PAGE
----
China Reform Monitor No. 1415

Related Categories: Democracy and Governance; Economic Sanctions; Human Rights and Humanitarian Issues; International Economics and Trade; Global Health; China; Europe; East Asia; Taiwan; Hong Kong

BEIJING'S PUSH FOR COVID-19 PRAISE BACKFIRES IN WISCONSIN
China's pressure on the Wisconsin state legislature to pass a resolution praising its handling of the COVID-19 outbreak has backfired, and instead inspired a motion accusing it of "deliberately and intentionally misled the world." The requests came in emails to Wisconsin Senate President Roger Roth from China's consulate in Chicago on February 26th and March 10th. However, Roth instead drafted a resolution condemning China's handling of COVID-19. Roth said: "I was mad as hell. The awkward truth is, this request almost certainly didn't only go to Wisconsin. The Chinese embassy felt completely comfortable doing this because it often works. Even when it doesn't, people rarely go public." Rui Zhong of the Wilson Center confirms: "We are going to start seeing embassies and consulates in various places start to adapt that in their external communications efforts." The episode highlights a larger trend; amid accusations of a cover-up and lack of information sharing, China's diplomats are taking to social media to attack critics and spread a pro-PRC narrative. (Radio Free Asia, April 16, 2020)

CHINA ESTABLISHES NEW ADMIN DISTRICTS FOR PARACELS AND SPRATLYS
China has established two new administrative districts based out of Sansha, Hainan – one for the Paracel Islands and another on the Spratly Islands. With other South China Sea claimants pre-occupied with the coronavirus, China it pushing its presence in the region, prompting the United States to accuse it of "bullying behavior." "The establishment of the so-called Sansha City and related activities seriously violated Vietnam's sovereignty. Vietnam demands that China respect Vietnam's sovereignty and abolish its wrongful decisions," said Vietnam's Foreign Ministry spokesperson. Earlier this month, Vietnam lodged a protest with China after a Vietnamese fishing boat was rammed and sunk by a China Coast Guard vessel near the Paracel Islands. (Straits Times, April 21, 2020)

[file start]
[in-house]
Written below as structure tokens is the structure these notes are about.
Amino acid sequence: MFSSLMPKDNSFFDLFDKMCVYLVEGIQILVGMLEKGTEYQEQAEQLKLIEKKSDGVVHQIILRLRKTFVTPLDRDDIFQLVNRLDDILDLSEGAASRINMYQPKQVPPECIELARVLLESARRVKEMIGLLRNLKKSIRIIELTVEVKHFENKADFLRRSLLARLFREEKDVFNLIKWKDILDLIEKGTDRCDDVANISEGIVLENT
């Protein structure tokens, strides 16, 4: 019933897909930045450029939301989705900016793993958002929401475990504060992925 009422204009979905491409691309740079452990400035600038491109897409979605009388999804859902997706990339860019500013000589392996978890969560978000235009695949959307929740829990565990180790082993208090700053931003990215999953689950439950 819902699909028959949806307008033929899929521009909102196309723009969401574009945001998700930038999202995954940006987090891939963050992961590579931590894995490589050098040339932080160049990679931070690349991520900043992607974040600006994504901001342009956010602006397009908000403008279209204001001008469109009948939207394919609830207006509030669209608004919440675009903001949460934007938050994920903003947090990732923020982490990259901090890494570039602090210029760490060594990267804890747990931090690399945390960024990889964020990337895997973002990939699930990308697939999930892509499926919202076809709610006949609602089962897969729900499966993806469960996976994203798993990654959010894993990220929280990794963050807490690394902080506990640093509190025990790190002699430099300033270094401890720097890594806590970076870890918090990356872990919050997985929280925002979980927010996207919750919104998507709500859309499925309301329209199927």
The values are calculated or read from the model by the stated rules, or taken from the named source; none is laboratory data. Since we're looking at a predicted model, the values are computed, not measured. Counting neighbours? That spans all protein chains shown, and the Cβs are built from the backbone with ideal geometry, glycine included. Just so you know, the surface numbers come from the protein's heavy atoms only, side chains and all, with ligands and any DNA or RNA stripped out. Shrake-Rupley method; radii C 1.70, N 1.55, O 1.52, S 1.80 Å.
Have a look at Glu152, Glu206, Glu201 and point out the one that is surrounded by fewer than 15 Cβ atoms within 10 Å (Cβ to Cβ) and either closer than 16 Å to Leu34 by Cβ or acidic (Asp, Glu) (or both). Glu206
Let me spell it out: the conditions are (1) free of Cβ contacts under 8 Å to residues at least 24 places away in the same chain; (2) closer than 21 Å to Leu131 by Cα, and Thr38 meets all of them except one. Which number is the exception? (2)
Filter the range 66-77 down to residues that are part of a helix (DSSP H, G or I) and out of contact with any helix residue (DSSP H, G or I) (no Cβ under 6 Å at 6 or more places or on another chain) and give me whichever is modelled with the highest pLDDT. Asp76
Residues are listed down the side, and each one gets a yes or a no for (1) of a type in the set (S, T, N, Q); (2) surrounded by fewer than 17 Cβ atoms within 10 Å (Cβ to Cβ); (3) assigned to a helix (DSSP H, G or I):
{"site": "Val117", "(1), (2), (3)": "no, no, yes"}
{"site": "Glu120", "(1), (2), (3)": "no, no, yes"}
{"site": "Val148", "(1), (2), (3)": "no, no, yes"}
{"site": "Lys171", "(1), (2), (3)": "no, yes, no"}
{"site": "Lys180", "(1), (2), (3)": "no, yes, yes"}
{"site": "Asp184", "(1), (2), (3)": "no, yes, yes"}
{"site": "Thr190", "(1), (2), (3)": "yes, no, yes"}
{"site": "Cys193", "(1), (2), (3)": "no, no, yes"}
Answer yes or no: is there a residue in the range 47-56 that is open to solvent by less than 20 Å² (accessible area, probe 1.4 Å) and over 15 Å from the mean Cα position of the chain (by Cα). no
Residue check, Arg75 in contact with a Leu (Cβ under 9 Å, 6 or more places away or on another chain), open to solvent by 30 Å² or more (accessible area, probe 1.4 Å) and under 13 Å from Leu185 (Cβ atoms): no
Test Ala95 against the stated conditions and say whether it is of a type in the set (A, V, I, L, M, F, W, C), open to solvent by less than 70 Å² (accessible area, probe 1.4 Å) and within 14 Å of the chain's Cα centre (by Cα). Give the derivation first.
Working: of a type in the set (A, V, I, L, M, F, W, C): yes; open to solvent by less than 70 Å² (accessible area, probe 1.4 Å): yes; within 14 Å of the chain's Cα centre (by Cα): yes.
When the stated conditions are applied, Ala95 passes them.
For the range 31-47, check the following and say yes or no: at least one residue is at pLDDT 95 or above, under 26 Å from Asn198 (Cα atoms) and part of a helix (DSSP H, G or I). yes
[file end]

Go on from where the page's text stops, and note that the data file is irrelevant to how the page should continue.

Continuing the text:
HONG KONG ARRESTS DEMOCRACY LEADERS
Hong Kong police have arrested fifteen pro-democracy activists, including Democratic Party founder Martin Lee, 81, on charges of organizing and participating in "unlawful assemblies" last August and October. Those arrested also include millionaire publishing tycoon Jimmy Lai, 71, and former lawmaker and barrister Margaret Ng, 72. The U.S. has condemned the arrests. (CNBC, April 18, 2020)

OUR JUDICIAL SYSTEM IS UNDER ASSAULT, HONG KONG JUDGES SAY
Senior judges in Hong Kong say Beijing poses a grave threat to the city's judiciary system. The city's top judge, Geoffrey Ma, has to manage Communist Party officials who see the rule of law as a tool to preserve one-party rule. Following objections by pro-Beijing lawmakers in Hong Kong to two recent appointments to the city's top court, many expect Beijing to exert more influence over the appointment of new judges in the future. With at least one new vacancy still existing, the PRC is expected to take the opportunity to stack the court. "We're worried that they are losing patience, and will find ways of tightening the screws. We know from our interactions with senior mainland judges that they just don't get Hong Kong at all," said one judge. (Reuters, April 14, 2020)

U.S., EUROPEAN AND JAPANESE FIRMS MOVE OUT OF CHINA
Three of the world's four largest economies want their companies to move out of China after the pandemic. EU trade commissioner Phil Hogan said the bloc would seek to "reduce our trade dependencies" on China in the future. Japan unveiled a $2.2 billion fund to lure its manufacturers back home or to Southeast Asia. In the U.S., meanwhile, Larry Kudlow, the Director of the National Economic Council, has said that Washington should pay the moving costs for American firms that want to bring manufacturing back from China, while Senator Marco Rubio (R-FL) has introduced a bill that would reduce U.S. economic dependence on China. The 2019 Reshoring Index released this month by Kearney said the pandemic is forcing companies to rethink their supply chains, and accentuating trends already under way. U.S. imports from China fell 17 percent between 2018 and 2019. In this month's member survey by the American Chamber of Commerce in Shanghai, 30 percent of respondents said they are considering moving out of China. (South China Morning Post, April 24, 2020)